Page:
A hard-knock life
Katie Taylor meets the charity using rugby to support at-risk teens
Tuesday 12 February 2019
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"You might think that putting at-risk teenagers with behavioural and anger issues on a rugby pitch is a little bit reckless,” says Ken Cowen, CEO of School of Hard Knocks, “but that’s the point. We’re putting them in deliberate confrontational situations in a highly regulated and controlled situation. It helps to recalibrate their way of reacting to the challenges they’re faced with.”
In 2012, Ken’s big idea, a training programme that could reach adults with employability issues and troubled and at-risk teenagers, became a national charity. By using rugby to unite the individuals undertaking his School of Hard Knocks programme, he hoped to encourage the usual good stuff – motivation, team work, respect – but he also wanted rugby to give others what it gave to him and so many others who love the sport, in the form of skills development, training, fitness, a sense of purpose, self-worth and pure enjoyment. School of Hard Knocks was Ken’s deep dive into the complex world of unemployment, petty crime and exclusion, and the hopelessness and disengagement that it fosters. Starting out as an adults-only employability programme, it adapted quickly when Ken and his team saw who else it could benefit.
“The people we worked with on our employability programmes talked to us about their situations, and the challenges they’d faced in their lives. We realised that we needed to have an earlier intervention in place to help catch young people before they began their adult lives on a more difficult path,” he said.
Ken now oversees the organisation’s growth throughout the country, and the 700 young people who enter programmes in England, Wales and Scotland every single week. At the top of the School of Hard Knocks is a leadership team made up of social housing and regeneration specialists, high level players, sports psychologists, and even a RFU referee. Their team of ambassadors includes Maggie Alphonsi MBE and Andy Gomersall MBE. It’s fair to say that SoHK has become a highly respected organisation not just in social inclusion and rehabilitation, but in the world of rugby union too. They’ve also been approached by the likes of Sky and even a brewery to help promote their message.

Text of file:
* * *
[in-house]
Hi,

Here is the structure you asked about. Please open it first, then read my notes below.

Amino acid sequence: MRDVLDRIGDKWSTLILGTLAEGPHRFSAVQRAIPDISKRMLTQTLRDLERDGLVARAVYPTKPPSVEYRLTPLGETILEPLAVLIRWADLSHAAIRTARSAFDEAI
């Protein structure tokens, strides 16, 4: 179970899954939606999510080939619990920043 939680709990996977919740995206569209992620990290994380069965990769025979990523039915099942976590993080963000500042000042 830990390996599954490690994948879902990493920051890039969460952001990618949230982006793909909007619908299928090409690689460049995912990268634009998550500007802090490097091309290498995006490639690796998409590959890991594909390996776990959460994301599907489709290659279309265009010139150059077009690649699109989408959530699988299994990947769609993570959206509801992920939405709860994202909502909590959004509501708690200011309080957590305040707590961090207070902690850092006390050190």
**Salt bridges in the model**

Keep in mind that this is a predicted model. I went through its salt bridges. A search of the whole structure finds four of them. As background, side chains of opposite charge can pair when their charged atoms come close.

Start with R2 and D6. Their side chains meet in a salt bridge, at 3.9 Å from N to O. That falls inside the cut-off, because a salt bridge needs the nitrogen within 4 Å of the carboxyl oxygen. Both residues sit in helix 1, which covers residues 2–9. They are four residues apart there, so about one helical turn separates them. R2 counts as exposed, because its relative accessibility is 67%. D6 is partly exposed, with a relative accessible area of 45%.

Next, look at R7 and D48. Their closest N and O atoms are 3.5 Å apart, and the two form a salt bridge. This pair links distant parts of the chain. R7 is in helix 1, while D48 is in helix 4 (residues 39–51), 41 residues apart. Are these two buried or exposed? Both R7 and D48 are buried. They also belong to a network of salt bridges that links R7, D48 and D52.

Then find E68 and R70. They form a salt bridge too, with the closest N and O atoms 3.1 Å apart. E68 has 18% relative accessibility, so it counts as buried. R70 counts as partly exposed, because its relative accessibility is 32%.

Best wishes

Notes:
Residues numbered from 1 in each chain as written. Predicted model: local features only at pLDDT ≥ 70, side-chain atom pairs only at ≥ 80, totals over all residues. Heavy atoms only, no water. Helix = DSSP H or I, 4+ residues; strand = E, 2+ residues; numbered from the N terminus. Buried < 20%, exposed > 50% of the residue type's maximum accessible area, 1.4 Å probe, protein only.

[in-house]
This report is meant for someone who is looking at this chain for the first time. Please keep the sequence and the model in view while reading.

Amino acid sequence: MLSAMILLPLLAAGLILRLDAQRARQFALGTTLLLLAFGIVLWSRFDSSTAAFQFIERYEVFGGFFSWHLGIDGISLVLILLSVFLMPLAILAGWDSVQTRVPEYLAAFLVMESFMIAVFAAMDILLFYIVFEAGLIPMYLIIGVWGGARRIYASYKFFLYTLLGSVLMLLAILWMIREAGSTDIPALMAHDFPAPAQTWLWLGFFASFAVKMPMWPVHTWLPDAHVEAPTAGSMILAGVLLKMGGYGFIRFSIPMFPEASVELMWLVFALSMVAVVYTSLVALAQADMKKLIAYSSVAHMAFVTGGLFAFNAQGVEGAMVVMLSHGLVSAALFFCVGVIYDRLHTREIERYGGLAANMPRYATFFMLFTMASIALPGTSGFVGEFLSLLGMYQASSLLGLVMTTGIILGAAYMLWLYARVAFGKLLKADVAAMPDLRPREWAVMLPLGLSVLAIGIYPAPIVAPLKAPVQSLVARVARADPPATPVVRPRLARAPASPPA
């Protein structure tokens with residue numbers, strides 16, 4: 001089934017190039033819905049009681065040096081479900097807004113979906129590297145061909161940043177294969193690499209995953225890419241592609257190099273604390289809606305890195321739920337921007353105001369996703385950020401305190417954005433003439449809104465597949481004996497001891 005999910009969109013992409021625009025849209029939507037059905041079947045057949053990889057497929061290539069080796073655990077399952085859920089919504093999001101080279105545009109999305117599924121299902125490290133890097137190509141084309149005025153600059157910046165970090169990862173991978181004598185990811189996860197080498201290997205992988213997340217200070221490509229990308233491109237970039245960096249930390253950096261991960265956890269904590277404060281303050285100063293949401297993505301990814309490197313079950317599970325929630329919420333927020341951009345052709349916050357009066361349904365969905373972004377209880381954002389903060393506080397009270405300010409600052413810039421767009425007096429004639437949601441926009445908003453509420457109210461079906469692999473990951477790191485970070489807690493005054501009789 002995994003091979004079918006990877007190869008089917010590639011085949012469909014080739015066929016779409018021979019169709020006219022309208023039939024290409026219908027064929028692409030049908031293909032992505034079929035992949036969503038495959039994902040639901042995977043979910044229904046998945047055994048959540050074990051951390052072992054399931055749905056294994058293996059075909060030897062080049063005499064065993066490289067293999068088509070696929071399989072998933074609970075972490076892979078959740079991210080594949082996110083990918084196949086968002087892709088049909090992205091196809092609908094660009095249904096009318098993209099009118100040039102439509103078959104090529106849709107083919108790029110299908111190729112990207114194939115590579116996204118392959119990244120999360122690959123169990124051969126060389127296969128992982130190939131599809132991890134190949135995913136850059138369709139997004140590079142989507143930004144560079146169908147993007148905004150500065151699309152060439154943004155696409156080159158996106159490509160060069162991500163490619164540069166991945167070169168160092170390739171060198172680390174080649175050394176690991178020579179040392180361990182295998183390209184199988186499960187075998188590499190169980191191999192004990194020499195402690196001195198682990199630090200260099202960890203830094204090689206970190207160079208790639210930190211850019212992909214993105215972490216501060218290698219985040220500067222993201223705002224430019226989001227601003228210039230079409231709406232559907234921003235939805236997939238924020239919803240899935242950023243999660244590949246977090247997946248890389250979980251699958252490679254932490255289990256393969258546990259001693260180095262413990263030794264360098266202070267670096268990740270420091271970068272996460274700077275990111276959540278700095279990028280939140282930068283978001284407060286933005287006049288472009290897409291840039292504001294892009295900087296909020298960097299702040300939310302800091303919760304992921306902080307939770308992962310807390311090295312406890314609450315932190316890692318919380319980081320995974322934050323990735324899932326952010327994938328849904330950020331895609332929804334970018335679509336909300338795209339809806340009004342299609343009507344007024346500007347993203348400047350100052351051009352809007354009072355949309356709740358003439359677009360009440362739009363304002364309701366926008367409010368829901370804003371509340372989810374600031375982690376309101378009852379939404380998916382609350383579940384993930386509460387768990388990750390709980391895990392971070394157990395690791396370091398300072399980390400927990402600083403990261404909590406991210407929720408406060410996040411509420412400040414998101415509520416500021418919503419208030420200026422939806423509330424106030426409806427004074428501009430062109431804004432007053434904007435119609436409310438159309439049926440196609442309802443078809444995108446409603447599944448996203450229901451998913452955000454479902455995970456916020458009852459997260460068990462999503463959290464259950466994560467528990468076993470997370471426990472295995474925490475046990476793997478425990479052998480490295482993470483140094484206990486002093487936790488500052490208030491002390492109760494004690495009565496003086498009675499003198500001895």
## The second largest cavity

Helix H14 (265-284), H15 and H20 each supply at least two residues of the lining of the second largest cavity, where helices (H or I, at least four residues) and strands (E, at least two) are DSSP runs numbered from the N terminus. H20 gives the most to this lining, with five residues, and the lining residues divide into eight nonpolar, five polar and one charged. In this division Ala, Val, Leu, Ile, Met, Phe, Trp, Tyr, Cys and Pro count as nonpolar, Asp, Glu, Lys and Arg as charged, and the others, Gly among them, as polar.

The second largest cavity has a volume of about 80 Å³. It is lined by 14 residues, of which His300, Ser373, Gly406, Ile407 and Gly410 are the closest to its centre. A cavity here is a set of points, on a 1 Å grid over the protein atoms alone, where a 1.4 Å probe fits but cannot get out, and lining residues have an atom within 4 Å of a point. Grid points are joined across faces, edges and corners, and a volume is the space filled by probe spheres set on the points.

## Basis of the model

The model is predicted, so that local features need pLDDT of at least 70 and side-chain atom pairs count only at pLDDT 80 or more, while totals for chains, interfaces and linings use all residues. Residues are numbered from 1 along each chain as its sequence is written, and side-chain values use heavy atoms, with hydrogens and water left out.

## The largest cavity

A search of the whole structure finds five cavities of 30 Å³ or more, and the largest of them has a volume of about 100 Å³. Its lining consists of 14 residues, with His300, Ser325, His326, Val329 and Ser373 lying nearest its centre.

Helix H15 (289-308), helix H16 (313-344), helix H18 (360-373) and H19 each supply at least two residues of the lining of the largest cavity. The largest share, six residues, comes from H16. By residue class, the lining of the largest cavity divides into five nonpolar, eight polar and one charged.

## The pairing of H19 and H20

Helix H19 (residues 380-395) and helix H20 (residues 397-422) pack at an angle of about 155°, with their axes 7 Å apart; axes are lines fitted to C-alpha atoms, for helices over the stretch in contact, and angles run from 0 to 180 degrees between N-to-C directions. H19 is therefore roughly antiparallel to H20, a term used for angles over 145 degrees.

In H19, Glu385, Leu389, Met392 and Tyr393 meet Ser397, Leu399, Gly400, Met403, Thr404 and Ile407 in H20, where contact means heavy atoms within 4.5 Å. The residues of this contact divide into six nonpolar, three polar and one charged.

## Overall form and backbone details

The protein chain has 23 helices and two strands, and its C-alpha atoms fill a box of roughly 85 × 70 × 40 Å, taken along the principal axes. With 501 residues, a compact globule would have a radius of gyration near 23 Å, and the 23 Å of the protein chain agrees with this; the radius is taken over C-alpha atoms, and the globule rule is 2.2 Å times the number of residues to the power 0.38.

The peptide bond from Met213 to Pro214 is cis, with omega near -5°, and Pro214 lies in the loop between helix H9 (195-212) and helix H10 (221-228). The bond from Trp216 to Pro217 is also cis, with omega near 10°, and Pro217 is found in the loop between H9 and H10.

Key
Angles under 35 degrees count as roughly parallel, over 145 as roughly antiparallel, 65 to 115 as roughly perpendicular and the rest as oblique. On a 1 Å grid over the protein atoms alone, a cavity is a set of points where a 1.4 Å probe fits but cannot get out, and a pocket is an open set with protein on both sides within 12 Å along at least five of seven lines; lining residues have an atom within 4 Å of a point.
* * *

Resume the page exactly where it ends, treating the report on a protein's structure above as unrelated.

"Being a Friend of the School of Hard Knocks costs the same as a pint every month"
The connection between rugby and beer is ingrained, and in 2018 Truman’s launched a special brew called “Blindside” to help raise money and awareness for School of Hard Knocks and the important work they do. Launched for the 6 Nations at the Globe Pub at Borough Market, Ken says it was great to have been approached by a brewery who wanted to support their vision.
“We enjoyed having our own beer – especially as we always say that being a Friend of the School of Hard Knocks costs the same as a pint every month. We’d definitely be up for doing something similar again!”